As the worldwide COVID-19 pandemic continues, most of our attention has been focused on fighting this disease and the economic consequences of our response. While we continue the fight this disease, we must also be sure to not let our guard down against fraud. Recently, there have been numerous reports of scams taking advantage of this pandemic.
In the 21st century we are blessed with innumerable means of communication – mail, telephone, email, and text messaging are just a few. Unfortunately, as we continue to develop new ways to conduct business and connect with family and friends, scammers are consistently looking for ways to use these means to steal Americans’ personal information and hard-earned money. Many criminals or organizations send deceptive messages with aggressive tones or seemingly time sensitive issues in order to trick victims.
Since this crisis began, the Federal Trade Commission (FTC) has received reports of scammers contacting Americans and impersonating physicians, or government agencies such as the Internal Revenue Service and the Department of Health and Human Services physicians, attempting to access personal information or solicit donations to fake Coronavirus relief efforts. It is hard to imagine people using something as serious as COVID-19 to steal from people, however, it is the sad reality we are facing. To stay ahead of the latest scam techniques, the FTC’s website has a great list of tips, practices, and things to look out for: consumer.ftc.gov/topics/privacy-identity-online-security
Among the most widely publicized provisions of the CARES Act, the most recent piece of legislation enacted to address the financial fallout from COVID-19, is the $1,200 economic impact payments to assist most Americans financially during this crisis. The Treasury Department continues working to ensure this program is easily accessible. Social Security recipients and anyone who has filed a tax return for 2018 or 2019 will receive these payments automatically. Other qualified Americans will be able to fill out a simple tax return directly through the IRS to establish eligibility and provide payment information.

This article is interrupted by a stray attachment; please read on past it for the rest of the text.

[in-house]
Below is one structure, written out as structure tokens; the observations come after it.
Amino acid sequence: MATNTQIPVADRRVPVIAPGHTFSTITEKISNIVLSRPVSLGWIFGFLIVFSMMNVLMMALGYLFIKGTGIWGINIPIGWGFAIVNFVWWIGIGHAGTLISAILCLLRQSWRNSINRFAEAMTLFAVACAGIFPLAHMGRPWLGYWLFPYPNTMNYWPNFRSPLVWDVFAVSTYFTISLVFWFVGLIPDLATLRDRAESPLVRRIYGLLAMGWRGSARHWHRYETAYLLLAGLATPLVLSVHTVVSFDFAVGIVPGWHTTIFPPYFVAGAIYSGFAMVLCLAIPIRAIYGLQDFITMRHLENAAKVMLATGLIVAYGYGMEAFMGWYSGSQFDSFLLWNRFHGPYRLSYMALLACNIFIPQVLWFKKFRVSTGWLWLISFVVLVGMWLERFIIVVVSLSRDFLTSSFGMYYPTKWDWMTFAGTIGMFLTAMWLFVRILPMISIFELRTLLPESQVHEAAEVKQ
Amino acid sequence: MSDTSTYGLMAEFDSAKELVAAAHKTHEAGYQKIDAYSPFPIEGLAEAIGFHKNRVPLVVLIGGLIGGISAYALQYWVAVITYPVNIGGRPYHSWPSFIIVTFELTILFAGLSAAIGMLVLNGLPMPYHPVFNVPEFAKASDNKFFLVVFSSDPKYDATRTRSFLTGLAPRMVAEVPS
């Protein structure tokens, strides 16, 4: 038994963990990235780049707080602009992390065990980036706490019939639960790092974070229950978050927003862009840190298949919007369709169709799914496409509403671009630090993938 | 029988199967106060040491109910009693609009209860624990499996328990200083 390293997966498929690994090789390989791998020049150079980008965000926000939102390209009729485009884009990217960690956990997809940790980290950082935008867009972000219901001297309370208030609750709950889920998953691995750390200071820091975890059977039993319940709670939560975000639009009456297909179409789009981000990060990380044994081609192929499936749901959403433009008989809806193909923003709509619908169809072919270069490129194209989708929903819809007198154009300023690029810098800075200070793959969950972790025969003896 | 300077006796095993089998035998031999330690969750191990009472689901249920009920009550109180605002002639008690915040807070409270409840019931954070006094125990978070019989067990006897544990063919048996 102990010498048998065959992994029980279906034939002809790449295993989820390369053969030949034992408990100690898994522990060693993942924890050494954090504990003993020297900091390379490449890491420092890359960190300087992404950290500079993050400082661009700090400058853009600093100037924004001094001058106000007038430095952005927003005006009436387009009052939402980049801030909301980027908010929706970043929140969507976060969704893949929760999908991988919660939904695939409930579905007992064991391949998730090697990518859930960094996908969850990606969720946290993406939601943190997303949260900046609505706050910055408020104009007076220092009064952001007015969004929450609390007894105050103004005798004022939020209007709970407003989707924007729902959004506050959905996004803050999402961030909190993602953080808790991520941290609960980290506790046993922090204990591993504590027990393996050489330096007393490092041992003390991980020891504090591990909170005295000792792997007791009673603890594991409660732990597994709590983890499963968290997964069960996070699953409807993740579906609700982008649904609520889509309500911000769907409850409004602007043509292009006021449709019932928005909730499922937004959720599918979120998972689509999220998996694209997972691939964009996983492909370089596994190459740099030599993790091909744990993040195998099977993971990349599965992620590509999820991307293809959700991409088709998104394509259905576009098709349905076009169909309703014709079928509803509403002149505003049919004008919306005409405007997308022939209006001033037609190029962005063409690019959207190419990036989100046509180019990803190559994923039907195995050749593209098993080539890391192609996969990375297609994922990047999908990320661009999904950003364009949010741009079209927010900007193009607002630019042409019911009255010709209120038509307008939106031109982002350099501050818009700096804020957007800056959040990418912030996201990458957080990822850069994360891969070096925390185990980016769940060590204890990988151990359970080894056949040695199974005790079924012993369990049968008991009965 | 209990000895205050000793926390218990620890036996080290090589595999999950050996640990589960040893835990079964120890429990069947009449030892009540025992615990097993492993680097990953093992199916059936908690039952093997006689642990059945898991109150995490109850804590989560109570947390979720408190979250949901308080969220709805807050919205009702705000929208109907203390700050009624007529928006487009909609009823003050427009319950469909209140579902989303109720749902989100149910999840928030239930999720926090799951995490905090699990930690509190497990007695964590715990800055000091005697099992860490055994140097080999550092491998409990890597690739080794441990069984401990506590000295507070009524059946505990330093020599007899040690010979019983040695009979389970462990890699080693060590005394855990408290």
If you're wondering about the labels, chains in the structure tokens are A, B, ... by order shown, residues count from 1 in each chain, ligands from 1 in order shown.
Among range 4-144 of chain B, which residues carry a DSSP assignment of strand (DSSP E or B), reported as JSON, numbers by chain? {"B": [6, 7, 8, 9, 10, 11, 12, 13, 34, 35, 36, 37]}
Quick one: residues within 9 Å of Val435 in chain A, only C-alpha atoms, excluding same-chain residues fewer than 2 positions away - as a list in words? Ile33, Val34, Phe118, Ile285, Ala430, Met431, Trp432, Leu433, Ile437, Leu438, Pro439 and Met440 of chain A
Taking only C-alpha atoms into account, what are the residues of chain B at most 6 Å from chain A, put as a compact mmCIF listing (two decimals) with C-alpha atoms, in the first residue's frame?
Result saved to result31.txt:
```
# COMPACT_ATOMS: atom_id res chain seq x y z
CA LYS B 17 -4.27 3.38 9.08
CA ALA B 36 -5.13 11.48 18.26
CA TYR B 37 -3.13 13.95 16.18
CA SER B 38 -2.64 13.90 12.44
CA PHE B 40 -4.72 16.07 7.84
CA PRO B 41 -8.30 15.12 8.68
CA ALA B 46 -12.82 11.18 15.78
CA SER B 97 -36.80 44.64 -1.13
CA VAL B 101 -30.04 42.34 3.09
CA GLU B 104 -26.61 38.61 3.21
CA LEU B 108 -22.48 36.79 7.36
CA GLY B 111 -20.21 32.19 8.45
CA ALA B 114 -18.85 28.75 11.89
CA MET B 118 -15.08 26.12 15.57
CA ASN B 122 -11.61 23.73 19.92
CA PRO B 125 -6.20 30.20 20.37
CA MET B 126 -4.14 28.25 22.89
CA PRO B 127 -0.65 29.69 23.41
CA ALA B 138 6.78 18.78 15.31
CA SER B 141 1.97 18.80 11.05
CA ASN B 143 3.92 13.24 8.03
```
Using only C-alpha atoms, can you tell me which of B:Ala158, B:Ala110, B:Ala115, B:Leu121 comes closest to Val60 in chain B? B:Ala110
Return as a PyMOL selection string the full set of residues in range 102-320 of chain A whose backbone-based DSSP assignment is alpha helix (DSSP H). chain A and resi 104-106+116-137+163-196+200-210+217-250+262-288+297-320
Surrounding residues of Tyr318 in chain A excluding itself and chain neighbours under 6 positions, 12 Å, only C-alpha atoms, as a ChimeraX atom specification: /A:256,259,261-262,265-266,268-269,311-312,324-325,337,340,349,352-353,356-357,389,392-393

Taking advantage of the widespread attention this program has received, criminals have been contacting people under the guise of facilitating registration for these Economic Impact Payments, in an effort to steal personal information or route your payment to themselves. Be sure to check out the IRS’ website for accurate information about these payments: https://www.irs.gov/newsroom/economic-impact-payments-what-you-need-to-know
We should also be vigilant against efforts to sell unproven so-called cures for COVID-19 without proper medical supervision. People or organizations claiming to have the cure for COVID-19 or supplements to ward off the virus, could likely be taking advantage of the situation and should be properly scrutinized. While vaccines and pharmaceuticals to address the virus are in development, none have been approved for widespread use by the public. Be sure to take medical advice only from medical professionals and only use prescribed treatments.
We know overcoming this disease will not be fast or easy, but we are all doing our part to hasten recovery by practicing social distancing and adhering to other recommended precautions. However, we must also be aware of those seeking to take advantage of this pandemic. By being alert, well informed, and careful with our information, we can prevent much of the identity theft and fraud from these scams.